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Date: Tue, 21 Apr 2015 14:51:26 +0200
From: Thomas Pornin <pornin@...et.org>
To: discussions@...sword-hashing.net
Subject: Re: [PHC] Argon2 modulo division

On Tue, Apr 21, 2015 at 06:26:31AM +0300, Solar Designer wrote:
> It appears that Argon2 uses modulo division with arbitrary (and
> changing) divisors (usually not powers of 2).  Argon2d applies this to
> secret-dependent integers.  This is an extra source of timing leaks, on
> top of secret-dependent lookup addresses.
> 
> Do we consider this a drawback?

Generally, small integer division algorithms that are not constant-time
have a running time that depends on the length of the operands, but not
on the actual values. Thus, if you need to compute x % y while hiding
the length of x, then you can compute (x + k*y) % y  with a suitable
constant k (preferably a power of 2...). For instance, if x is a secret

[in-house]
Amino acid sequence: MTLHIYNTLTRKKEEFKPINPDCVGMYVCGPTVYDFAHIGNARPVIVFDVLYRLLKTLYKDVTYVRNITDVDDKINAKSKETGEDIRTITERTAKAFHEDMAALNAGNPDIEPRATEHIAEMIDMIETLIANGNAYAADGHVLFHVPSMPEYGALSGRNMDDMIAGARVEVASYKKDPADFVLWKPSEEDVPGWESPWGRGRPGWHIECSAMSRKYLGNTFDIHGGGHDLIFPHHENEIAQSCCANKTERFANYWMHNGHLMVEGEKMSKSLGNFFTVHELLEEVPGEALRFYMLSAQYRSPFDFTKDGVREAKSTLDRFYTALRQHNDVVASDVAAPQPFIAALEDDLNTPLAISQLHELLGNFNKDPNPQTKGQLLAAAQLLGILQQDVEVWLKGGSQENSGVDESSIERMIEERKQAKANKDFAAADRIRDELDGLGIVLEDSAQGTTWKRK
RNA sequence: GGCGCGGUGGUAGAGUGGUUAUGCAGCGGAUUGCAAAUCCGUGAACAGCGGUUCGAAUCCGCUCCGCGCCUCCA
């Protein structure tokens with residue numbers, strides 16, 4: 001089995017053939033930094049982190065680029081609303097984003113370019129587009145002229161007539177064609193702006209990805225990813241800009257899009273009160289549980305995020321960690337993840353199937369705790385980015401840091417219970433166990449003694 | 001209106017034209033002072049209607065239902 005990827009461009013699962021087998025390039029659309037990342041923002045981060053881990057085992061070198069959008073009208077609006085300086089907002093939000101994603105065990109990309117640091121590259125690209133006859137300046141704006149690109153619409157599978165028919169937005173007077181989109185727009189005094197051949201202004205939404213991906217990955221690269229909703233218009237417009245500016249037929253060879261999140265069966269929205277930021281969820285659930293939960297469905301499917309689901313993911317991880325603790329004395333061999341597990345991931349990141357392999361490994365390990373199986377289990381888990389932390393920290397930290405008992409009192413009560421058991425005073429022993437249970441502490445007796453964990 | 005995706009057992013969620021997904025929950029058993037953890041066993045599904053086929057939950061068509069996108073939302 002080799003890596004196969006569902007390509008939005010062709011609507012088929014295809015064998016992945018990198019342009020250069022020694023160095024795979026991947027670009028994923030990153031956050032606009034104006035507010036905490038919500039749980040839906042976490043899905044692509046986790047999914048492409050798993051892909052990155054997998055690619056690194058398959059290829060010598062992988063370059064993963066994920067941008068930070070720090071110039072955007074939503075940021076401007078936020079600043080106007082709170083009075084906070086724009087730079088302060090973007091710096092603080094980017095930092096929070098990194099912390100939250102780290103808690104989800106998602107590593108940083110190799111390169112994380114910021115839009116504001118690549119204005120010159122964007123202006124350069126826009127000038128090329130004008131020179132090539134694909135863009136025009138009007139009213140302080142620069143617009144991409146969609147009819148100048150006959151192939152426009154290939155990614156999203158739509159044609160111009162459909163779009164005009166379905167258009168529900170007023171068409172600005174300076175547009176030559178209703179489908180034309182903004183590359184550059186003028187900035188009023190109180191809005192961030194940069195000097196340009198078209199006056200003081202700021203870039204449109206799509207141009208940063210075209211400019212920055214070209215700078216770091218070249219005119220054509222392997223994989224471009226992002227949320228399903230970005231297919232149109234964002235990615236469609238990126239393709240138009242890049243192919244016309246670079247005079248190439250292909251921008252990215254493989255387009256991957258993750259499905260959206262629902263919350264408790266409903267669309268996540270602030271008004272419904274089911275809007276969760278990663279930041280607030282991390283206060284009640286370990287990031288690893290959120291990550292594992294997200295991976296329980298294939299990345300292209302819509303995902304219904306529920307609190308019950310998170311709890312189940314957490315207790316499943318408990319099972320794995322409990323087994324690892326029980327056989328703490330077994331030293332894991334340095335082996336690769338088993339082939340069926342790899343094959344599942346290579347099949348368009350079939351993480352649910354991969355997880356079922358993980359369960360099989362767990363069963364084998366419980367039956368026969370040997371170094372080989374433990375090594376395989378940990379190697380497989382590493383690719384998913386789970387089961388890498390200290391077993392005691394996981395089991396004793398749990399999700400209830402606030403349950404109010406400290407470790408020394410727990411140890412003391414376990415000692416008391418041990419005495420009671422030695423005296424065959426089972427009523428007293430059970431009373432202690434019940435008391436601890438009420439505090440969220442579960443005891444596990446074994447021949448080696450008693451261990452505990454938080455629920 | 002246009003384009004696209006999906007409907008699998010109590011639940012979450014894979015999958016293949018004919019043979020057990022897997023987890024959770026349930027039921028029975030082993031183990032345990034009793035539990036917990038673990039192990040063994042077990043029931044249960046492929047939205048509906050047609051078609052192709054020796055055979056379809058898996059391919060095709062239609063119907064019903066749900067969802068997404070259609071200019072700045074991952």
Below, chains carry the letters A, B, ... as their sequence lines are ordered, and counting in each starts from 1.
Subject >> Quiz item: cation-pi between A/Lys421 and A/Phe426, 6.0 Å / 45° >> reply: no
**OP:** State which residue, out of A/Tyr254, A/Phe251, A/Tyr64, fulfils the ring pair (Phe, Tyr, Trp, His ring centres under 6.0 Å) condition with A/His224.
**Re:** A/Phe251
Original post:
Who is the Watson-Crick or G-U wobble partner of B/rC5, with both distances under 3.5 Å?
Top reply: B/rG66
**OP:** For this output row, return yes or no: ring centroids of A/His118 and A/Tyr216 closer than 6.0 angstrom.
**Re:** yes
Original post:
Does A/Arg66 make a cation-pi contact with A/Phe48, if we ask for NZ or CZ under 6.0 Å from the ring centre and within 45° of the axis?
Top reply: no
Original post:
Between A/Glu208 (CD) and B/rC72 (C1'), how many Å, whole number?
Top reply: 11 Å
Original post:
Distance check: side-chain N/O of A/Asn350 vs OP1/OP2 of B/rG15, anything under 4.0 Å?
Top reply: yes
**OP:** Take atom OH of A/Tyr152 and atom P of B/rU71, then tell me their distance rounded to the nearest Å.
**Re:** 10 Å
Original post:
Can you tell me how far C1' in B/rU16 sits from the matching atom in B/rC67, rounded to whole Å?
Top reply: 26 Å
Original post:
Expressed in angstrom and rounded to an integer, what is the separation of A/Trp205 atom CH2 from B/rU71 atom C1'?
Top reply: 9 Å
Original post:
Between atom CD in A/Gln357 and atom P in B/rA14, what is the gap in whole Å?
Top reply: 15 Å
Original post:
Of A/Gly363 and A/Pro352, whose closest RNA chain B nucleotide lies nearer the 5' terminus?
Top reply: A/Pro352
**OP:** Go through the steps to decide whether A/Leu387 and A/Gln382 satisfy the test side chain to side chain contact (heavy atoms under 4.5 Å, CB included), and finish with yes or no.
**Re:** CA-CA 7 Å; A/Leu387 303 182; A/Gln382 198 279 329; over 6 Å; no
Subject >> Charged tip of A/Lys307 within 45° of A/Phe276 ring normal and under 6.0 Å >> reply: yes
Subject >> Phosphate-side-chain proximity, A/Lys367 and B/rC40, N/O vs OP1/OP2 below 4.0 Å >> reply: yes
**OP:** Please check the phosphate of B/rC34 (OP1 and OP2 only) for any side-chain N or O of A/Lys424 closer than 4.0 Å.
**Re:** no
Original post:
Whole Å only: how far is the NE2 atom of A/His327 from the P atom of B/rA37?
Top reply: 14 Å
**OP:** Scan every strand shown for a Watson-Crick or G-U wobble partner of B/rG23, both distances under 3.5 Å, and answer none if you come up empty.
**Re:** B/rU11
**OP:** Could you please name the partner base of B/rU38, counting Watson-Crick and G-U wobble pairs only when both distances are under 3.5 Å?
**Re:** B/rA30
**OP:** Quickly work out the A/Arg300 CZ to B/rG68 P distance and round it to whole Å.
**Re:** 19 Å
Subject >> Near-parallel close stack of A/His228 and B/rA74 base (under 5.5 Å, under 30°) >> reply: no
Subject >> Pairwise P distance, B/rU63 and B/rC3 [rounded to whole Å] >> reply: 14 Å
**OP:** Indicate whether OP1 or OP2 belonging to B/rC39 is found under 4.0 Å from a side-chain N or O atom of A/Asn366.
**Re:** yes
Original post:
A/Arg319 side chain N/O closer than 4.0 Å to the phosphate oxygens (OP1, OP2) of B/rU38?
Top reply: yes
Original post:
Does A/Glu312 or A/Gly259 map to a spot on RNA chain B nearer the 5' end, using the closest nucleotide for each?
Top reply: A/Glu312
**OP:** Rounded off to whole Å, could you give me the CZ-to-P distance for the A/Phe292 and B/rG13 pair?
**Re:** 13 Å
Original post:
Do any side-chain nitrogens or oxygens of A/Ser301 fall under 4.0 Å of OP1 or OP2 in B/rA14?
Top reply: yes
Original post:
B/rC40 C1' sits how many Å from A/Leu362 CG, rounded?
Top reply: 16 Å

integer in the 0..0xFFFF range, then set k = 2^16. This won't hide the
size of the divisor (y), but it should make execution time (and
conditional branch pattern) independent of the actual value of x. The
cost of the extra shift-and-add should be small compared to that of the
division.


I make this remark without having looked at Argon2 so I don't know
whether it applies well or not. Also, note that while some architectures
offer division opcodes (x86, PowerPC...), others do not (especially ARM
before ARMv7, and also some ARMv7 variants); the latter will use a
software implementation that will be linked in and possibly inlined by
the compiler. For architectures without a hardware divide, a
special-purpose fully-unrolled division function could be written, that
offers constant-time processing. It is possible that even on some
architectures with a hardware divide, an unrolled no-division code chunk
could offer comparable or even better performance (this depends quite a
lot on what is known at compile-time about the dividend and the
divisor).


	--Thomas Pornin

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